The federal government has spoken of making Canada a world leader in oil spill response. The recent budget included $13.9 million to fund research on effective response to oil spills, as well as money to help establish an International Maritime Centre in Vancouver.

The next step is to deal with the oil that ships actually burn.

The long-term threat of sea-level rise


Road repair along Nippon Causeway, 2014

My recent article in Scientific American discusses how low-lying coral atolls, like the islands of Kiribati, are a lot more resilient to sea-level rise than dire stories in the media may have you think. But don’t let the nuances of reef island geology described in the article create any doubts about the reality of sea-level rise.

The oceans are rising, and the long-term picture for places like Kiribati is not pretty. This was brought home in the past few days by storm surges again damaging Tarawa atoll’s key causeway that links the most populated islet and international port to the rest of Tarawa.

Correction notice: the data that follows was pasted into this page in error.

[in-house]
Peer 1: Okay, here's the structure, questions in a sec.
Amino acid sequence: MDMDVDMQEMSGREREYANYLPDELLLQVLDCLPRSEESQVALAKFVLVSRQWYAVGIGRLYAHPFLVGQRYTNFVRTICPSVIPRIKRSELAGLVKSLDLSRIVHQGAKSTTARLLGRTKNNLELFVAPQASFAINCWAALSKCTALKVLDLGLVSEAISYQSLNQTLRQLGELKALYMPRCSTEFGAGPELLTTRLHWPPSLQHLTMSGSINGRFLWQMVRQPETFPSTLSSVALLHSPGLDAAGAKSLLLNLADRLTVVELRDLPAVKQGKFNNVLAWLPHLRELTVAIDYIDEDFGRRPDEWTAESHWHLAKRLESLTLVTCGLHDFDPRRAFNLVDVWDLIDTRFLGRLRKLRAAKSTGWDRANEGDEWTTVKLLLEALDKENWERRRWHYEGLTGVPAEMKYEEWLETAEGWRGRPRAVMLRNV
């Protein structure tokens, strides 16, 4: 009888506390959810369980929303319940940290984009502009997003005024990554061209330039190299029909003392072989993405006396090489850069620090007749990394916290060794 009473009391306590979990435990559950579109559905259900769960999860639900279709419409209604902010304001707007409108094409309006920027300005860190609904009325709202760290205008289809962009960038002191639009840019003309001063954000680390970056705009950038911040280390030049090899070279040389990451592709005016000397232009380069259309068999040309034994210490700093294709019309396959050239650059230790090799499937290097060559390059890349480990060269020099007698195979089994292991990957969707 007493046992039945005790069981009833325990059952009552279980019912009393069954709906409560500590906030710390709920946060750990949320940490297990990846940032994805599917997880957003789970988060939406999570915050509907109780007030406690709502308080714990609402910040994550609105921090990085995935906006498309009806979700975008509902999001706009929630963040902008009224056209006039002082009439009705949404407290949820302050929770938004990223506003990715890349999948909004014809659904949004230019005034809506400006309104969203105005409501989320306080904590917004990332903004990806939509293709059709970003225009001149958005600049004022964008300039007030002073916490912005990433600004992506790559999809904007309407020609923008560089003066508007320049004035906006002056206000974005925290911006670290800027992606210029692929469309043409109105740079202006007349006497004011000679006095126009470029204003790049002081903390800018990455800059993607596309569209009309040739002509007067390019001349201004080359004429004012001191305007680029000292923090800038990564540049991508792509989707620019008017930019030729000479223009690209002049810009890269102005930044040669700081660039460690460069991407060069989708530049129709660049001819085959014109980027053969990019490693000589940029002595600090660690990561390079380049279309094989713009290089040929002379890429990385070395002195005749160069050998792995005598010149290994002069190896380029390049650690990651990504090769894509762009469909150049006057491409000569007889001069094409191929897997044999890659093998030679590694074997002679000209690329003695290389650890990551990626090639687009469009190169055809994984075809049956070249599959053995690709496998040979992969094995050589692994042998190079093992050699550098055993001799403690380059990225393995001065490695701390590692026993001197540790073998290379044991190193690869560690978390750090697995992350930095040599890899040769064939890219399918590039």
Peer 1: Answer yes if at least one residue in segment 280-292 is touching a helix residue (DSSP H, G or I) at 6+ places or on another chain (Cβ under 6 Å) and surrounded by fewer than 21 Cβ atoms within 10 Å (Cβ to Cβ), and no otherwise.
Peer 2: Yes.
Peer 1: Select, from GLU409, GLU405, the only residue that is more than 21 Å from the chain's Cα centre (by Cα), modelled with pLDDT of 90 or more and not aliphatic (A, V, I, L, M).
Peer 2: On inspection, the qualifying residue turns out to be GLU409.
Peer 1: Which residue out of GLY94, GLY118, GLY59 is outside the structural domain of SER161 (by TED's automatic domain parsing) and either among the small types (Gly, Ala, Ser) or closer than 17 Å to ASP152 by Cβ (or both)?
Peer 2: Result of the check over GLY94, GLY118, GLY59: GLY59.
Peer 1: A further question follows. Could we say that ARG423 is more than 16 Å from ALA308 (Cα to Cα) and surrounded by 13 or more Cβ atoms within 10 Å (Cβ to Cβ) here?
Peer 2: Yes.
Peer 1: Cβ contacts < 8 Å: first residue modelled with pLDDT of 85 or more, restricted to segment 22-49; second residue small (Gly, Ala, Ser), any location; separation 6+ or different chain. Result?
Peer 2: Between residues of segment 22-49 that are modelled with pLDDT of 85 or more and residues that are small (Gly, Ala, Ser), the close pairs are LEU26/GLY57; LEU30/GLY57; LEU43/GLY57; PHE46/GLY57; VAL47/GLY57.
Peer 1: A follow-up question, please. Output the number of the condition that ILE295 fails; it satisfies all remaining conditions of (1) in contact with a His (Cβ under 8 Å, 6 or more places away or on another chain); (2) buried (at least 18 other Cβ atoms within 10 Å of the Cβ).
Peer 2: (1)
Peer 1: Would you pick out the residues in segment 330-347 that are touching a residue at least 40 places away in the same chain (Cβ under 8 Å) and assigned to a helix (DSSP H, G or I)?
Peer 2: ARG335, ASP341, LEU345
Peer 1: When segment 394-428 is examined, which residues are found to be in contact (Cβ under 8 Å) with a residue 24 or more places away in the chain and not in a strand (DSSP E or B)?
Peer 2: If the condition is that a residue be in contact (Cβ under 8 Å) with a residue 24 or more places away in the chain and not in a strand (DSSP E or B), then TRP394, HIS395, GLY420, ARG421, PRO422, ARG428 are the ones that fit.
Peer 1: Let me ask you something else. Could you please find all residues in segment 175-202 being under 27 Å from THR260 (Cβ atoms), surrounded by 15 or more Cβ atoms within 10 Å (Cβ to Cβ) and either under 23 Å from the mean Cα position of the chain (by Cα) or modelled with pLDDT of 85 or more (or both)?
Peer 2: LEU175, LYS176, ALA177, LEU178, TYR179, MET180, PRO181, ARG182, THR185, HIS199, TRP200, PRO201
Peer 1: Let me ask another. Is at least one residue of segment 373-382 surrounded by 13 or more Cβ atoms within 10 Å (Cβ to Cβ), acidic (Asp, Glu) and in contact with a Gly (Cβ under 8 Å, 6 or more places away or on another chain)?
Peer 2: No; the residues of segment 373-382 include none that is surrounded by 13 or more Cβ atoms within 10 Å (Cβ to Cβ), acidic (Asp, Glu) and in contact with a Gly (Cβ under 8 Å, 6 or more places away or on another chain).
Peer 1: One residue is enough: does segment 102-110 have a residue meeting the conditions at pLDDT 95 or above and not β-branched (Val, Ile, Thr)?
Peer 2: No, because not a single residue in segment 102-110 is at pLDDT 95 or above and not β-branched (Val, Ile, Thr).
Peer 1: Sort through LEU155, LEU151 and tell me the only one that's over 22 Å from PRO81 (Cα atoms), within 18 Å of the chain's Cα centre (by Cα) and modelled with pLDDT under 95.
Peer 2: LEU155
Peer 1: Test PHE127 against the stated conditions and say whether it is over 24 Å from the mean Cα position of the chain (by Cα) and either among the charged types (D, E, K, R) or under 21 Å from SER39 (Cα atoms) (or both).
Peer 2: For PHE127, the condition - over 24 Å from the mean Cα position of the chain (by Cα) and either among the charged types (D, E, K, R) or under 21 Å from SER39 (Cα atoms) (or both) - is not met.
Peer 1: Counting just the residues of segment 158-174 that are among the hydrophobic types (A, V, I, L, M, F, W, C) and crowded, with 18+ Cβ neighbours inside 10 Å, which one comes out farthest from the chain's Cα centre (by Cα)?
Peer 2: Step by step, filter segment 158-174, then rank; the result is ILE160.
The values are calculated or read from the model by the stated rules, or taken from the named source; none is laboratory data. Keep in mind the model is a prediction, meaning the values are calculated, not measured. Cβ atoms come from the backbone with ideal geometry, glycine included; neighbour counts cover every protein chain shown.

Here’s a short sidebar of the science of sea-level rise which had to be cut from the article due to space considerations:

The oceans are rising, and the rate of that rise is increasing. Global average sea-level has risen 20 cm since the beginning of the last century, and may rise up to a metre or more by the end of this century.

We can blame greenhouse gas emissions and the basic physics of water.
The planet is absorbing extra heat thanks to the human enhancement of the natural greenhouse effect. The atmosphere gets all the attention, but actually receives only 1-2% of that extra heat. The majority – roughly 93% – goes into warming those deep pools of salt water covering two-thirds of the planet. When water warms up, it expands. That thermal expansion of the ocean is responsible for over half of sea-level rise since 1900.

The key issue for future sea-level is the 3% of the extra heat in the climate system going towards melting ice, especially the Greenland and West Antarctic ice sheets. The rate of melt from these great ice sheets, which hold enough water to raise sea-level by about 12 metres, will define the coasts of the future.

The most recent Intergovernmental Panel on Climate Change report concluded that sea-level would likely rise by 52 – 98 cm by the end of this century, but allowed that far greater changes were possible. It all depends on the complicated process of ice sheet melt.

We know that during periods of Earth’s history when temperatures and greenhouse gases were at levels expected for mid-century, ice sheet melt may have raised the oceans more than 5 metres above current sea-level. We don’t know exactly how long it takes for all that ice to break off or melt. Estimates run in the centuries or longer.

The long-term change is the existential concern for a place like Kiribati. From the article: